I'm struggling with the where and when to post this. bear with me....
Today I am a special kind of tired.
Ever felt the pain of the day when the day begins? That's me right now. Over all, I'm pretty well rested. Got 6+ hours of sleep list night even though I'm on call. Didn't wake up once. I should feel good right? Well, I realized as soon as I woke up, I still have much the same work to do today that I did yesterday.
It didn't get any less or easier, it's still there.
It's the tired you get when you realize the work's not done.
It's never done. I'm just moving from one task to the next. I'm always expected to be certain things. We all are expected to be certain things. The labels I have on me weigh me down. Some I give to myself, some are given to me, all of them are mine and no one else's.
You're this tired when you realize that the work is yours to do, and no one else's.
Contingency is an interesting concept to ponder and work with. On the one hand, nothing about my existence is necessary. I could have never been, or I could die tomorrow, and the universe can continue to exist. On the other hand, there's this work I'm doing raising kids, earning money, teaching others, hearing their concerns, all things that I have been called to do, but sometimes, I just want to embrace that contingincy. The world doesn't need me. I just want to feel rest.
That's when the scripture comes in:
I feel this tired when Hebrews 12:1 moves from being a memory verse at church camp to being the first verse in a page that convicts my efforts.
Therefore, since we are surrounded by so great a cloud of witnesses, let us also lay aside every weight, and sin which clings so closely, and let us run with endurance the race that is set before us, looking to Jesus, the founder and perfecter of our faith, who for the joy that was set before him endured the cross, despising the shame, and is seated at the right hand of the throne of God. Consider him who endured from sinners such hostility against himself, so that you may not grow weary or fainthearted. In your struggle against sin you have not yet resisted to the point of shedding your blood. And have you forgotten the exhortation that addresses you as sons? “My son, do not regard lightly the discipline of the Lord, nor be weary when reproved by him. For the Lord disciplines the one he loves, and chastises every son whom he receives.” It is for discipline that you have to endure. God is treating you as sons. For what son is there whom his father does not discipline? If you are left without discipline, in which all have participated, then you are illegitimate children and not sons. Besides this, we have had earthly fathers who disciplined us and we respected them. Shall we not much more be subject to the Father of spirits and live? For they disciplined us for a short time as it seemed best to them, but he disciplines us for our good, that we may share his holiness. For the moment all discipline seems painful rather than pleasant, but later it yields the peaceful fruit of righteousness to those who have been trained by it. Therefore lift your drooping hands and strengthen your weak knees, and make straight paths for your feet, so that what is lame may not be put out of joint but rather be healed. Strive for peace with everyone, and for the holiness without which no one will see the Lord. See to it that no one fails to obtain the grace of God; that no “root of bitterness” springs up and causes trouble, and by it many become defiled; that no one is sexually immoral or unholy like Esau, who sold his birthright for a single meal. For you know that afterward, when he desired to inherit the blessing, he was rejected, for he found no chance to repent, though he sought it with tears. For you have not come to what may be touched, a blazing fire and darkness and gloom and a tempest and the sound of a trumpet and a voice whose words made the hearers beg that no further messages be spoken to them. For they could not endure the order that was given, “If even a beast touches the mountain, it shall be stoned.” Indeed, so terrifying was the sight that Moses said, “I tremble with fear.” But you have come to Mount Zion and to the city of the living God, the heavenly Jerusalem, and to innumerable angels in festal gathering, and to the assembly of the firstborn who are enrolled in heaven, and to God, the judge of all, and to the spirits of the righteous made perfect, and to Jesus, the mediator of a new covenant, and to the sprinkled blood that speaks a better word than the blood of Abel. See that you do not refuse him who is speaking. For if they did not escape when they refused him who warned them on earth, much less will we escape if we reject him who warns from heaven. At that time his voice shook the earth, but now he has promised, “Yet once more I will shake not only the earth but also the heavens.” This phrase, “Yet once more,” indicates the removal of things that are shaken—that is, things that have been made—in order that the things that cannot be shaken may remain. Therefore let us be grateful for receiving a kingdom that cannot be shaken, and thus let us offer to God acceptable worship, with reverence and awe, for our God is a consuming fire.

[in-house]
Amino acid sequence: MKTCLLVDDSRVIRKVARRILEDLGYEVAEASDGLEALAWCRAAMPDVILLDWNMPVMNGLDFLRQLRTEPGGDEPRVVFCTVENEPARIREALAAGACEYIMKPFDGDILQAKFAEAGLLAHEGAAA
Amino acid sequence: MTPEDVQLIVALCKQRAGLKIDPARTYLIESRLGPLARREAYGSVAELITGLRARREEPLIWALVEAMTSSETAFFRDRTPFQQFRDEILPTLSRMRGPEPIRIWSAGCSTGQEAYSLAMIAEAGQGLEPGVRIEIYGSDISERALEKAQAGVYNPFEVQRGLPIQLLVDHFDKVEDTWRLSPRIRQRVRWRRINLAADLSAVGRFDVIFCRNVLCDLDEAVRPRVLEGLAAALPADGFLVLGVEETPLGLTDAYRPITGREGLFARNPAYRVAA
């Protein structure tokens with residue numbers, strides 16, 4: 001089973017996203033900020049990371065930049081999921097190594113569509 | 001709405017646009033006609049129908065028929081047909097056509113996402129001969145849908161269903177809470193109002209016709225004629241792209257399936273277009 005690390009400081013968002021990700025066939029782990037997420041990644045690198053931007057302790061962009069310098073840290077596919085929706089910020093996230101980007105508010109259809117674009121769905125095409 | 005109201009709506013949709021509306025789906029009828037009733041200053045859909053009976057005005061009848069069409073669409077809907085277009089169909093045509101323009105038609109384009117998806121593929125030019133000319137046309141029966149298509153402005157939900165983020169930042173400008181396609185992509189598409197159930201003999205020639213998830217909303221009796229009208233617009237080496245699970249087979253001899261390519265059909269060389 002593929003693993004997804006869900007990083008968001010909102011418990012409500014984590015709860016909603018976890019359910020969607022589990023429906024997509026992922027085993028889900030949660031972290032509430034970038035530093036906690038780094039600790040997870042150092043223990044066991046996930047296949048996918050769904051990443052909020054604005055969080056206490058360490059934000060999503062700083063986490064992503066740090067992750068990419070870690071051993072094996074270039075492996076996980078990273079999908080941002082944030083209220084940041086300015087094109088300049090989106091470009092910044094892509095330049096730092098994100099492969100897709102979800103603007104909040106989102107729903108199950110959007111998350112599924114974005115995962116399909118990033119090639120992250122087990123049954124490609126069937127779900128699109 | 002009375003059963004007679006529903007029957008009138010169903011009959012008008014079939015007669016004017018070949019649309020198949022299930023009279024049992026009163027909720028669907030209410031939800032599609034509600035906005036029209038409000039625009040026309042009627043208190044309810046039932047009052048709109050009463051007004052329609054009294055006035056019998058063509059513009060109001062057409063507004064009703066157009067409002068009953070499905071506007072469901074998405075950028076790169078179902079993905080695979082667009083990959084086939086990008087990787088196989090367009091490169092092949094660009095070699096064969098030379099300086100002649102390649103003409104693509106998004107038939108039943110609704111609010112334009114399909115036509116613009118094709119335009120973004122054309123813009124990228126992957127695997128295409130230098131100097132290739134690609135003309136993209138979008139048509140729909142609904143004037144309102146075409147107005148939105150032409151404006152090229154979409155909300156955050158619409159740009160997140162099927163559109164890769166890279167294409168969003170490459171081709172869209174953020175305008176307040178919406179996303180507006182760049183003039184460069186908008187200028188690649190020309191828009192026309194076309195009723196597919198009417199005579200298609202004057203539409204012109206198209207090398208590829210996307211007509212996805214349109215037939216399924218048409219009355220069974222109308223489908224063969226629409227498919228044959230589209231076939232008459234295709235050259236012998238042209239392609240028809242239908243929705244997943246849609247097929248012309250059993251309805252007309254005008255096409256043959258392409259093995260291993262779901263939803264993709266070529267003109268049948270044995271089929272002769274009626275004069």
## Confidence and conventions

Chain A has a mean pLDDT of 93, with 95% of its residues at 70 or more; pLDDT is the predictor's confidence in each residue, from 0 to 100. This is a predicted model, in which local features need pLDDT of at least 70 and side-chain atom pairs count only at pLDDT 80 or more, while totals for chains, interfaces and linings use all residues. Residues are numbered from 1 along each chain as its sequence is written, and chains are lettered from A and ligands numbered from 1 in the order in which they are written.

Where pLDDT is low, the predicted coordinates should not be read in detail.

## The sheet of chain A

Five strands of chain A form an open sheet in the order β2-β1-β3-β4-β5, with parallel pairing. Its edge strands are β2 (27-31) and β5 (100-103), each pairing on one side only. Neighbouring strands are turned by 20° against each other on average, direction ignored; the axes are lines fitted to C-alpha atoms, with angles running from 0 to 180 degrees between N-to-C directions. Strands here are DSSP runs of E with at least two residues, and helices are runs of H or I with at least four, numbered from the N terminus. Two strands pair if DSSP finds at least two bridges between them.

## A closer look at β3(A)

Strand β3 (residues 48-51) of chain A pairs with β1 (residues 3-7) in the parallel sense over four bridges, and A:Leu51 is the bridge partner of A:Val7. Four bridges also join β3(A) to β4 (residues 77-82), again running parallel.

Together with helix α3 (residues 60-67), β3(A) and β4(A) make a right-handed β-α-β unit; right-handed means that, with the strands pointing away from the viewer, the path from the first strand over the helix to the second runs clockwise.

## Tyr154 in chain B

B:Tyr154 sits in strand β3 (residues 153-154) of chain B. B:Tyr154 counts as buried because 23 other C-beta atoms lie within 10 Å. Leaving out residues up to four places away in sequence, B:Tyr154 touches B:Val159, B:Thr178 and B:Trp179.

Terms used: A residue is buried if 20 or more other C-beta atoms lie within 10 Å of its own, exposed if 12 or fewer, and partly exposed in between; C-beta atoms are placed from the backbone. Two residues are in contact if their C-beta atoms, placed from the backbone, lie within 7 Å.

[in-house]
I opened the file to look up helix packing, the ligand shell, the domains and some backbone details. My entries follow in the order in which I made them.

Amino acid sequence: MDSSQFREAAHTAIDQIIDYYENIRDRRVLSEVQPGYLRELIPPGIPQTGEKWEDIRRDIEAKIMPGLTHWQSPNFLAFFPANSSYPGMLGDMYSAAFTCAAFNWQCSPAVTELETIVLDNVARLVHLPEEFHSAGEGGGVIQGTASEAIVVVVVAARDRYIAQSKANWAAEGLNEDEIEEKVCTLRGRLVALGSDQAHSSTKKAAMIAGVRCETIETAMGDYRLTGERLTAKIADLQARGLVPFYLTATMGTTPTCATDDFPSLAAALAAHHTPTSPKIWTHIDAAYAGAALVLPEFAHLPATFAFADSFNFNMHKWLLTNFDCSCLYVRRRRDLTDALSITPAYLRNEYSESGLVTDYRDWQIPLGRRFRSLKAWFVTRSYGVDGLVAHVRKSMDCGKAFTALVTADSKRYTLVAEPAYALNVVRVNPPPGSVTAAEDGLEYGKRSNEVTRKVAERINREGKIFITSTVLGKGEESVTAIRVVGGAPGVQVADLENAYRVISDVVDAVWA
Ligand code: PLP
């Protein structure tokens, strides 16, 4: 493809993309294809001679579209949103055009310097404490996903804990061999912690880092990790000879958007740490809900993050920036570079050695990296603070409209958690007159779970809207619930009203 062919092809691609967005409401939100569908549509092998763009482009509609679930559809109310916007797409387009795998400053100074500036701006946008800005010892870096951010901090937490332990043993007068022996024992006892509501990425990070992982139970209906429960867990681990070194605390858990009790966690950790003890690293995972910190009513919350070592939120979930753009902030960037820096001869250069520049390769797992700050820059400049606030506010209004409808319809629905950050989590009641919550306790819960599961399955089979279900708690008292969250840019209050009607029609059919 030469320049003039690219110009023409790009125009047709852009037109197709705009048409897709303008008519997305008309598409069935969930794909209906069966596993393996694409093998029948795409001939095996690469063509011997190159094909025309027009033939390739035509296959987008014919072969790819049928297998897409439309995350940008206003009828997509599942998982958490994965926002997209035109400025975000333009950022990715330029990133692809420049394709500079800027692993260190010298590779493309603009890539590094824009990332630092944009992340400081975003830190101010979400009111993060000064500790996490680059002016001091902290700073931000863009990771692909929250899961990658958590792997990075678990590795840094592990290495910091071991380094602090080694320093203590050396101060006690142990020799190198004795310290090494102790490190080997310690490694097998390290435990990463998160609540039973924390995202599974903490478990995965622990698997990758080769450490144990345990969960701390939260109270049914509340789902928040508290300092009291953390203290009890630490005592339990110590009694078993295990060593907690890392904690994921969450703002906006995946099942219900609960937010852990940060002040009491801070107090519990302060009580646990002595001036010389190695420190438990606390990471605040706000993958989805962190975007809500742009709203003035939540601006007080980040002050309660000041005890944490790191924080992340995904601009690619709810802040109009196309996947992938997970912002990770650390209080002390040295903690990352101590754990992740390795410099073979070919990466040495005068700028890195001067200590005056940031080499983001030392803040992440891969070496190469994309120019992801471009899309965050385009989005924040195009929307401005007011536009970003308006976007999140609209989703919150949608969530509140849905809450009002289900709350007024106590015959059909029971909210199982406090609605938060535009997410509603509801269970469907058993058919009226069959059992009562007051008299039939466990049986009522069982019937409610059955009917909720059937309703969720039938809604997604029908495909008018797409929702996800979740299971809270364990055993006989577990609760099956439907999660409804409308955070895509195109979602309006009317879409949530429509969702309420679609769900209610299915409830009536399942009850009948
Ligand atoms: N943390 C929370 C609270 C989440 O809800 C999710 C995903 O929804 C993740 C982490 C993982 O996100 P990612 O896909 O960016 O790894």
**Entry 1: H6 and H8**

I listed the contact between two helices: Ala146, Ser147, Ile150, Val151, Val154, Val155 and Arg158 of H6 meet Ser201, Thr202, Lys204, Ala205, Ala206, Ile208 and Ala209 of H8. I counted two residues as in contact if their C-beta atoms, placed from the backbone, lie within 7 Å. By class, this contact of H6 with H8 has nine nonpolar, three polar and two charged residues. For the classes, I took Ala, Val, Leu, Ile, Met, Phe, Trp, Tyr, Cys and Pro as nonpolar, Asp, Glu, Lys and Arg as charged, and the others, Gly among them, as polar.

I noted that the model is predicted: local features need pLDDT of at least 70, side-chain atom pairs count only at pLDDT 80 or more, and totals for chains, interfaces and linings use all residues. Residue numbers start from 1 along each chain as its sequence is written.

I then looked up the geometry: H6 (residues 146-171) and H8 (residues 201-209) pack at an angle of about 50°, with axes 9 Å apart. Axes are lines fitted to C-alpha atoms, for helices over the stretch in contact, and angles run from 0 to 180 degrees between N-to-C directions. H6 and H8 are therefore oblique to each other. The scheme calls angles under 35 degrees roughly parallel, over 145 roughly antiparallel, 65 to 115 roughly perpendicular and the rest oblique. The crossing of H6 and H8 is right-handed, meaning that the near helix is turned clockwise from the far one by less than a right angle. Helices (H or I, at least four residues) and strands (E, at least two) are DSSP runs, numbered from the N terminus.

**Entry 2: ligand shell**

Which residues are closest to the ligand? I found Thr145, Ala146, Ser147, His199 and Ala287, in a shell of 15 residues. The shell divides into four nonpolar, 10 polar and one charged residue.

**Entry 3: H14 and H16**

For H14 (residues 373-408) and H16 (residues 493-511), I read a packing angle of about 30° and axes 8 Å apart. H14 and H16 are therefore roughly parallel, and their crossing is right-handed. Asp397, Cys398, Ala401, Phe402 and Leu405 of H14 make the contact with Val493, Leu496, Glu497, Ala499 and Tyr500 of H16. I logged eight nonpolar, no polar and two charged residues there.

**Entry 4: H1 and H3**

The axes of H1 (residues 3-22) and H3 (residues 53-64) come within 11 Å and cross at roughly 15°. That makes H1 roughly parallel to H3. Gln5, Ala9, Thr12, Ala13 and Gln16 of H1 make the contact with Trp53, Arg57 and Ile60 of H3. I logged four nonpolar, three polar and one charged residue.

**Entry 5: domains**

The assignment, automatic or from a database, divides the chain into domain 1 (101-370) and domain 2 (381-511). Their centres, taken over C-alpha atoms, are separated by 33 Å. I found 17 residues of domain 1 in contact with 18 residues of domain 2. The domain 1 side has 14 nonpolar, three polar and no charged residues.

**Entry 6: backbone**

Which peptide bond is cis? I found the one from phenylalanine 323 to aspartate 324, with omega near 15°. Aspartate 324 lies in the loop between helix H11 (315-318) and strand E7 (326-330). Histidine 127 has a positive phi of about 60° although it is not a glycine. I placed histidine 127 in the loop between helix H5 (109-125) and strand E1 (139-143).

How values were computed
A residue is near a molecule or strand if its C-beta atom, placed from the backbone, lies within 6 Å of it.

It's the tired that makes you thankful for grace.
Deeply thankful for it.
I can't sleep, exercise, rest, or share away this tired in me. I just need God's grace to help me endure.
Father God, I am grateful for this unshakeable kingdom. I can rest there. Every day until I will bear with being tired. Tiredness and weariness in my bones can't compare to the rich peace you offer us in Christ. Please bear me over to that kingdom. In the name of Jesus I ask this AMEN.